Masood Chotani, a certified public accountant from Los Angeles , was sentenced today to 24 months in prison, followed by one year of supervised release, the Justice Department and Internal Revenue Service (IRS) announced. Chotani was also ordered to pay $60,705 in restitution to the IRS.
On June 23, 2010, Chotani was indicted by a federal grand jury on charges of engaging in a scheme to file false tax returns with the IRS using the names and Social Security numbers of deceased individuals. He pleaded guilty to conspiracy to defraud the United States on January 15, 2013.
According to the indictment and the plea agreement, in 2002 and 2003, Chotani misappropriated employer identification information from his client files and provided them to his co-conspirators, Haroon Amin and Ather Ali. Amin and Ali then prepared and filed fraudulent tax returns falsely stating that these deceased individuals earned wages from which income tax had been withheld. As part of the scheme, Chotani caused 47 tax returns to be filed with the IRS claiming an aggregate of $372,558 in false refunds. Although the IRS rejected the bulk of the refund claims filed in the scheme, a number of refund checks were issued and delivered to addresses controlled by Amin, Ali, and their co-conspirators, including various mailboxes opened by Ali. Most of these refund checks then were delivered overseas to be deposited in bank accounts in Armenia and Pakistan. Chotani admitted that he was a knowing participant in this scheme.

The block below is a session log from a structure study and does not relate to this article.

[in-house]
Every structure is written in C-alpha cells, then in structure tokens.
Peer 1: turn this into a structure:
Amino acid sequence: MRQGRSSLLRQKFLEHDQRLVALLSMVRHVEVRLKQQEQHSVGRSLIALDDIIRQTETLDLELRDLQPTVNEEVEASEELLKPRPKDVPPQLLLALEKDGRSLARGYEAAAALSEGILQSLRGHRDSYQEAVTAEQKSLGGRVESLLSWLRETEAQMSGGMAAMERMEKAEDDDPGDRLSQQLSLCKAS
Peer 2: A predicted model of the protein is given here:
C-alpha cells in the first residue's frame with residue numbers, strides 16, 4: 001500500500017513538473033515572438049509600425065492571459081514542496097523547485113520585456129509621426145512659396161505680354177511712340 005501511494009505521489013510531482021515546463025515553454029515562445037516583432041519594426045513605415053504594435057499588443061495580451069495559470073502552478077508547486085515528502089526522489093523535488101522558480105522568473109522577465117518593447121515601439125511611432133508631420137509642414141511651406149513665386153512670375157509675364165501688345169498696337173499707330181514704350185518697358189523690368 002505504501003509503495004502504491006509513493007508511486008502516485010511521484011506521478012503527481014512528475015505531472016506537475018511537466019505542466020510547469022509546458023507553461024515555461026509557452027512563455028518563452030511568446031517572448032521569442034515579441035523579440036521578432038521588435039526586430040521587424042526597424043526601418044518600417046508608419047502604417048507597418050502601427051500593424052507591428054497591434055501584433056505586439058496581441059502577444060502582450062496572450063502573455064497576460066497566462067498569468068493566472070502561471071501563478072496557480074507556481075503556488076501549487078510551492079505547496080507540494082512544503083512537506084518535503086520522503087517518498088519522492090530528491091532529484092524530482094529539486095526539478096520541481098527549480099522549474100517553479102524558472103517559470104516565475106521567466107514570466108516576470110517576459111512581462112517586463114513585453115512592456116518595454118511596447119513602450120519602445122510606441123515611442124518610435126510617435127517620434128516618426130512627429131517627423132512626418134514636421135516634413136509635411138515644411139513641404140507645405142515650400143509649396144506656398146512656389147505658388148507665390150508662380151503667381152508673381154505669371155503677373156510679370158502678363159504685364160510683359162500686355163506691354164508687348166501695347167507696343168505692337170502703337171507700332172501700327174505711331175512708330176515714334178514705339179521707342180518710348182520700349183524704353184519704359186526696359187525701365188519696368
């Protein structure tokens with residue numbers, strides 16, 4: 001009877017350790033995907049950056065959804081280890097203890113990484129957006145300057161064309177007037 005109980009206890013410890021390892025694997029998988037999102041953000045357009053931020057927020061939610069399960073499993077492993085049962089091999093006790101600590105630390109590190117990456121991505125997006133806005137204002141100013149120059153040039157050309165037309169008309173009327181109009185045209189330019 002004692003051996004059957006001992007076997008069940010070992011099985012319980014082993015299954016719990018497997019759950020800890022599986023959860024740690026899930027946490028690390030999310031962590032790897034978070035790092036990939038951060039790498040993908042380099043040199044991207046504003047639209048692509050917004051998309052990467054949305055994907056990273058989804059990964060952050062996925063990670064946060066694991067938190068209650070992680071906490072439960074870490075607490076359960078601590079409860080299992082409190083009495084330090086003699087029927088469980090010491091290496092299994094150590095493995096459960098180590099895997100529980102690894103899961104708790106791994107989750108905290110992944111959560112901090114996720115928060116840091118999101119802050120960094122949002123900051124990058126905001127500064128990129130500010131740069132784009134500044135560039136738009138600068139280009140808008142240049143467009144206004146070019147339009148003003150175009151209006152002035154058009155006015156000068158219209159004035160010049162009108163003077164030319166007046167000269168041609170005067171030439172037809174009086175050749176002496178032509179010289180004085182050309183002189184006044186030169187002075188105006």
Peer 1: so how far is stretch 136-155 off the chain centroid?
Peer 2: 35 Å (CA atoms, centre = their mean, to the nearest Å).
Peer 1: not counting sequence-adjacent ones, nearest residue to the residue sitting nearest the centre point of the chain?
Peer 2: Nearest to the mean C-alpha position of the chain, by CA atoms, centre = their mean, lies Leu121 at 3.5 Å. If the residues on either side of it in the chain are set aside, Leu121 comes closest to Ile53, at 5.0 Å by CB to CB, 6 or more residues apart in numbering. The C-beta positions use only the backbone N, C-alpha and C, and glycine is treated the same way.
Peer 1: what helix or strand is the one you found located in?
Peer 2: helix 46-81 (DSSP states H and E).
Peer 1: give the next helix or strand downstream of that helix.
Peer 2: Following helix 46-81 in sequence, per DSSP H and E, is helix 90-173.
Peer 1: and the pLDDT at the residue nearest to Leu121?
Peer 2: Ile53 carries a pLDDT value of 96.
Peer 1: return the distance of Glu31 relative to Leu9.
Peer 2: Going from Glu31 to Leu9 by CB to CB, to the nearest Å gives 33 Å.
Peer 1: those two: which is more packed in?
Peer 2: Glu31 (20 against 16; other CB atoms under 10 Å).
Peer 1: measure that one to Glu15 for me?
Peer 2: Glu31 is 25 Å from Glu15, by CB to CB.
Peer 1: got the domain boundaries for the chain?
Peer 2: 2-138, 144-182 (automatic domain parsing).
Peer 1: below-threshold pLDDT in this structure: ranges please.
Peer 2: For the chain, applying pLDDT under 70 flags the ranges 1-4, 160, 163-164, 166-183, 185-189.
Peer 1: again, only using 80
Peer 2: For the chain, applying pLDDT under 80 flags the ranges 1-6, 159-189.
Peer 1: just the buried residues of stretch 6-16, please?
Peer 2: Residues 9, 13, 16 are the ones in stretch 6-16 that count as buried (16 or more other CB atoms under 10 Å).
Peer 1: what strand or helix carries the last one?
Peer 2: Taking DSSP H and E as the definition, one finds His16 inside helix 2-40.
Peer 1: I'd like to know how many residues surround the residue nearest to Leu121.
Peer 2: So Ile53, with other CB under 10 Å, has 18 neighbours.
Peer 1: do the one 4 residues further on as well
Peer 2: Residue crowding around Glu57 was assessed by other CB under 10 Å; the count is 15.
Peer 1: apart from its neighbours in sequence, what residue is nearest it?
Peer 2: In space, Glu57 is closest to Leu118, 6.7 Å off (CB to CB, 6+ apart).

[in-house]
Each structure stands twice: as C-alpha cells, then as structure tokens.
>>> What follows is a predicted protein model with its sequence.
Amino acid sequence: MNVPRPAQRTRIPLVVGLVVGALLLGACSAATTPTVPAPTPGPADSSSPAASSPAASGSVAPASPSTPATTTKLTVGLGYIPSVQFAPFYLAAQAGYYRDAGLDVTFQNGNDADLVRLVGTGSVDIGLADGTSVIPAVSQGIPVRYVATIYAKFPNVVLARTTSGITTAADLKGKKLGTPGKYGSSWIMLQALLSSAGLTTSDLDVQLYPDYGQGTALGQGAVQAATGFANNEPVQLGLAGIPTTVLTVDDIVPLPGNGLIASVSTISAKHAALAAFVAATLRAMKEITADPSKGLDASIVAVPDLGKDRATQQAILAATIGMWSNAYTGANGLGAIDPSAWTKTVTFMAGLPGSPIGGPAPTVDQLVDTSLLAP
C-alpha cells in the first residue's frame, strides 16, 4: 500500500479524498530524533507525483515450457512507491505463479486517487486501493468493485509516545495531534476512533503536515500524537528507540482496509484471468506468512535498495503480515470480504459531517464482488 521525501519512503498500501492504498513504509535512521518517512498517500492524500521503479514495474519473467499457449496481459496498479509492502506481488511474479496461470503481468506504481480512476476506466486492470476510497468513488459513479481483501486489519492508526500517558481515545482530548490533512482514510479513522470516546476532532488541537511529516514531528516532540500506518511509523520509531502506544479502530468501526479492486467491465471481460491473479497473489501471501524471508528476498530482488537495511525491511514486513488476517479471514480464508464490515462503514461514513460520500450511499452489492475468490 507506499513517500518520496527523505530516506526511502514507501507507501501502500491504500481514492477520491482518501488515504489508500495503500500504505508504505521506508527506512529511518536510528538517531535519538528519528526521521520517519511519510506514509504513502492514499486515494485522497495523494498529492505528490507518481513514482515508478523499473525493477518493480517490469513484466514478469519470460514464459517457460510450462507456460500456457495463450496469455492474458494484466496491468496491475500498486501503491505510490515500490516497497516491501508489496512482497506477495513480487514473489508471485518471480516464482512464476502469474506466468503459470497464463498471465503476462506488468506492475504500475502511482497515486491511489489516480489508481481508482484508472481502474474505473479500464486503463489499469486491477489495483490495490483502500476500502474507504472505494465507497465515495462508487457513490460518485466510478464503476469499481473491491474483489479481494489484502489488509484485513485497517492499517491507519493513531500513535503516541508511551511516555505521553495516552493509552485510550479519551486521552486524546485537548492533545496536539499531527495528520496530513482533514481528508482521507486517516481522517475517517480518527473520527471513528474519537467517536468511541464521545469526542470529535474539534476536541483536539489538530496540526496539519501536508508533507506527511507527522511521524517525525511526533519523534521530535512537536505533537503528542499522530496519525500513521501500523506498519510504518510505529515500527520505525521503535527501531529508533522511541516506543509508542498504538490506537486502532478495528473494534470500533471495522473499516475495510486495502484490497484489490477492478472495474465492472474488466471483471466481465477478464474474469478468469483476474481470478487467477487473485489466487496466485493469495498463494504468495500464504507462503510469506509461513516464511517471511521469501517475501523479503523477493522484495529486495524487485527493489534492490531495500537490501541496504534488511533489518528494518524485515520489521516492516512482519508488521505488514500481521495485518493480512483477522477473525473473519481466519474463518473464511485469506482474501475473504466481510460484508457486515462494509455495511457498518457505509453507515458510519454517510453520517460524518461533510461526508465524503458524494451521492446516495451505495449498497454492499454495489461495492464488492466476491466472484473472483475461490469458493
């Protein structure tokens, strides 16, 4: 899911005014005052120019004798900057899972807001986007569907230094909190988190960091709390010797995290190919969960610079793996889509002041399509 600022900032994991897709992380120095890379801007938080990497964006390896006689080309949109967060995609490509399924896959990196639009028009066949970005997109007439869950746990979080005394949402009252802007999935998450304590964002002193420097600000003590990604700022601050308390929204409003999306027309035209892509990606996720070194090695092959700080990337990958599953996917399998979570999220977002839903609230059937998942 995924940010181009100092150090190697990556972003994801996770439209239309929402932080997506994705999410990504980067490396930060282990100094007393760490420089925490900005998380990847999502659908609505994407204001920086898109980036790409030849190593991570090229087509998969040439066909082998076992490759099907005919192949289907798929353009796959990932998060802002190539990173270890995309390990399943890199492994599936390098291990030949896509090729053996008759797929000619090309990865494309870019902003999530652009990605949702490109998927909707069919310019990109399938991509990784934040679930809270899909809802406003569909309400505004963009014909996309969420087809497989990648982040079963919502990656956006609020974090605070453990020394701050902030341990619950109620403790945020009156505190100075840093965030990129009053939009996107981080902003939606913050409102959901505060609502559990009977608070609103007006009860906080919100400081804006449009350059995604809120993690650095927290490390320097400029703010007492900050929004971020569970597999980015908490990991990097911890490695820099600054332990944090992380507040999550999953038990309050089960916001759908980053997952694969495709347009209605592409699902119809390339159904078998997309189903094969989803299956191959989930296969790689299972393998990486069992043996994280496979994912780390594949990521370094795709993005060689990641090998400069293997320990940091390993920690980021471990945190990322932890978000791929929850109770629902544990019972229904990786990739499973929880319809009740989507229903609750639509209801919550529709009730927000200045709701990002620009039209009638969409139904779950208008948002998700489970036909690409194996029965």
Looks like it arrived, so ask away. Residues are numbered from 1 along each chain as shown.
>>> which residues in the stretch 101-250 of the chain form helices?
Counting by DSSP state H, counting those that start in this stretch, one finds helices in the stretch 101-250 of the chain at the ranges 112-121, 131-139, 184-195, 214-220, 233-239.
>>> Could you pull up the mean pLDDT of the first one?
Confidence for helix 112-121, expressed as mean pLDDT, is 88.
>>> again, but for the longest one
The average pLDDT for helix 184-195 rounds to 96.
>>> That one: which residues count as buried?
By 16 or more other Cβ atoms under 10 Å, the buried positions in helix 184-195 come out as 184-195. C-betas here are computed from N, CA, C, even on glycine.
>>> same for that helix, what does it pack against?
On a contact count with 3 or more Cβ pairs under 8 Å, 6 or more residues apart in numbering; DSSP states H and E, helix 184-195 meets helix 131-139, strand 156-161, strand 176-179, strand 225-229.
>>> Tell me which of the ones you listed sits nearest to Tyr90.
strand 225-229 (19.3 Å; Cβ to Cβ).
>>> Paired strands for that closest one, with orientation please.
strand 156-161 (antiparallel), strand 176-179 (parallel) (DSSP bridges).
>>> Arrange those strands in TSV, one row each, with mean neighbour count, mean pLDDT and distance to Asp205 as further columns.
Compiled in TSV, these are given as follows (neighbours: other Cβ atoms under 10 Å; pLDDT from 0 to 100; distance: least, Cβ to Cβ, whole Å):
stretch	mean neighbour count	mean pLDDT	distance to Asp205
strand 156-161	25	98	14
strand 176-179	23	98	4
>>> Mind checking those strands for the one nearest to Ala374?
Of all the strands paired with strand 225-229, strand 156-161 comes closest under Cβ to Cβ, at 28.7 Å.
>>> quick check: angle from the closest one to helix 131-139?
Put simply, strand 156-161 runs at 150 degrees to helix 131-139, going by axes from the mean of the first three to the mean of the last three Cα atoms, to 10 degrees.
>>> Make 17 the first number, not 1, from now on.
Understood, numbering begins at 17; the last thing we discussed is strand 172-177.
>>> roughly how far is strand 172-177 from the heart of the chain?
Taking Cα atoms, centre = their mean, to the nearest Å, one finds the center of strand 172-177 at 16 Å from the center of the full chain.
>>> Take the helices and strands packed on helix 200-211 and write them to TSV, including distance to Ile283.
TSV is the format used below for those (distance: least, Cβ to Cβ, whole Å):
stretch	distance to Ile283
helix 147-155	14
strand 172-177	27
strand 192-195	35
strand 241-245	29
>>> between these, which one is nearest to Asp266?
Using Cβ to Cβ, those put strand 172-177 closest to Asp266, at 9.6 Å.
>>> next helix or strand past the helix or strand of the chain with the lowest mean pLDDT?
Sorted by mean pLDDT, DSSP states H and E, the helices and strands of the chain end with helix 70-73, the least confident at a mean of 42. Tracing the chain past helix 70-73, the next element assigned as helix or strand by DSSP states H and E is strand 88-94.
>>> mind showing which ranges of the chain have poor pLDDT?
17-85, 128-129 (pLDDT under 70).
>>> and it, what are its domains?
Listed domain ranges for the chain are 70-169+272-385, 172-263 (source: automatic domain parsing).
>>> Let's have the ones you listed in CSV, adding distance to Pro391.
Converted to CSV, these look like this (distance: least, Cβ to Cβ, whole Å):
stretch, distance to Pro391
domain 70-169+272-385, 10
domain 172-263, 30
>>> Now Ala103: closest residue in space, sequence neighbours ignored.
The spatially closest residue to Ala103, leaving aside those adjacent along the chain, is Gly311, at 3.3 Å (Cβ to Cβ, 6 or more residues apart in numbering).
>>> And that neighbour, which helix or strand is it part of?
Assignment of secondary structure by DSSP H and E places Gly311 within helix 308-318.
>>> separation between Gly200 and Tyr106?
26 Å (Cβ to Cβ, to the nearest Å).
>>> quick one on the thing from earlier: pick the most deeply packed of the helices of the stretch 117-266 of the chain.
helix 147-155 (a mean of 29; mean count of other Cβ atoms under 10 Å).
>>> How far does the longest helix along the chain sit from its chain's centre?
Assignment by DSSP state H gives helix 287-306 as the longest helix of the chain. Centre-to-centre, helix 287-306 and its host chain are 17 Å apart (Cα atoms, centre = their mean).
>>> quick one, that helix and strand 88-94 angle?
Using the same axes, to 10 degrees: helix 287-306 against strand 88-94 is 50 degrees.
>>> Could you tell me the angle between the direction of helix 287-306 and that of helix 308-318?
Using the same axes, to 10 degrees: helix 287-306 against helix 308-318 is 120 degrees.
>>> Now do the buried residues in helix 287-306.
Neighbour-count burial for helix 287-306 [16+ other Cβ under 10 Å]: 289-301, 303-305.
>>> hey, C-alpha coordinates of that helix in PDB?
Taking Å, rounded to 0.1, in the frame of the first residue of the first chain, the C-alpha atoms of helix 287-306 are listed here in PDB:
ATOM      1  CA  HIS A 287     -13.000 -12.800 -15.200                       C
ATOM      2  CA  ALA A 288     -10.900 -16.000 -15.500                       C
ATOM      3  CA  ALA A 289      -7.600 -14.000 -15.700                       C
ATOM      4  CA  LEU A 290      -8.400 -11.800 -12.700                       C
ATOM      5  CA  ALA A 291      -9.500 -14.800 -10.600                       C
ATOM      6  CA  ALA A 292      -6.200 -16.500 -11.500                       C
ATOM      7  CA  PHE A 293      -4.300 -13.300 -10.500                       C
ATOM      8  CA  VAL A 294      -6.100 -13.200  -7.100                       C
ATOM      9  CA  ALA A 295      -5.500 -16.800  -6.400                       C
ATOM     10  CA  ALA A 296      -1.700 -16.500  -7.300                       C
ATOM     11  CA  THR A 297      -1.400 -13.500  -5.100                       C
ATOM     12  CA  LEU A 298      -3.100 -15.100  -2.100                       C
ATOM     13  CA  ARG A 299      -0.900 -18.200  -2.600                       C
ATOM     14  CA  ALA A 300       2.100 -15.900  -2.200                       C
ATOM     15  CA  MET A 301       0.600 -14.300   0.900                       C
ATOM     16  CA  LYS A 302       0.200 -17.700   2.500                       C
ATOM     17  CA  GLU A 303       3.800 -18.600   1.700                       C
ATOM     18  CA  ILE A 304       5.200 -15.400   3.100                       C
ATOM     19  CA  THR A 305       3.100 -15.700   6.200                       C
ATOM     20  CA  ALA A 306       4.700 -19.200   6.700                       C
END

Amin and Ali are serving prison sentences of 30 and 37 months, respectively.
Kathryn Keneally, Assistant Attorney General for the Justice Department’s Tax Division, commended the efforts of agents from the IRS Criminal Investigation Division in Laguna Niguel, Calif., as well as Assistant U.S. Attorney Charles E. Pell and Tax Division Trial Attorneys Joseph A. Rillotta and Ignacio Perez de la Cruz, who prosecuted the case.
More information about the Tax Division and its enforcement efforts is available at www.usdoj.gov/tax .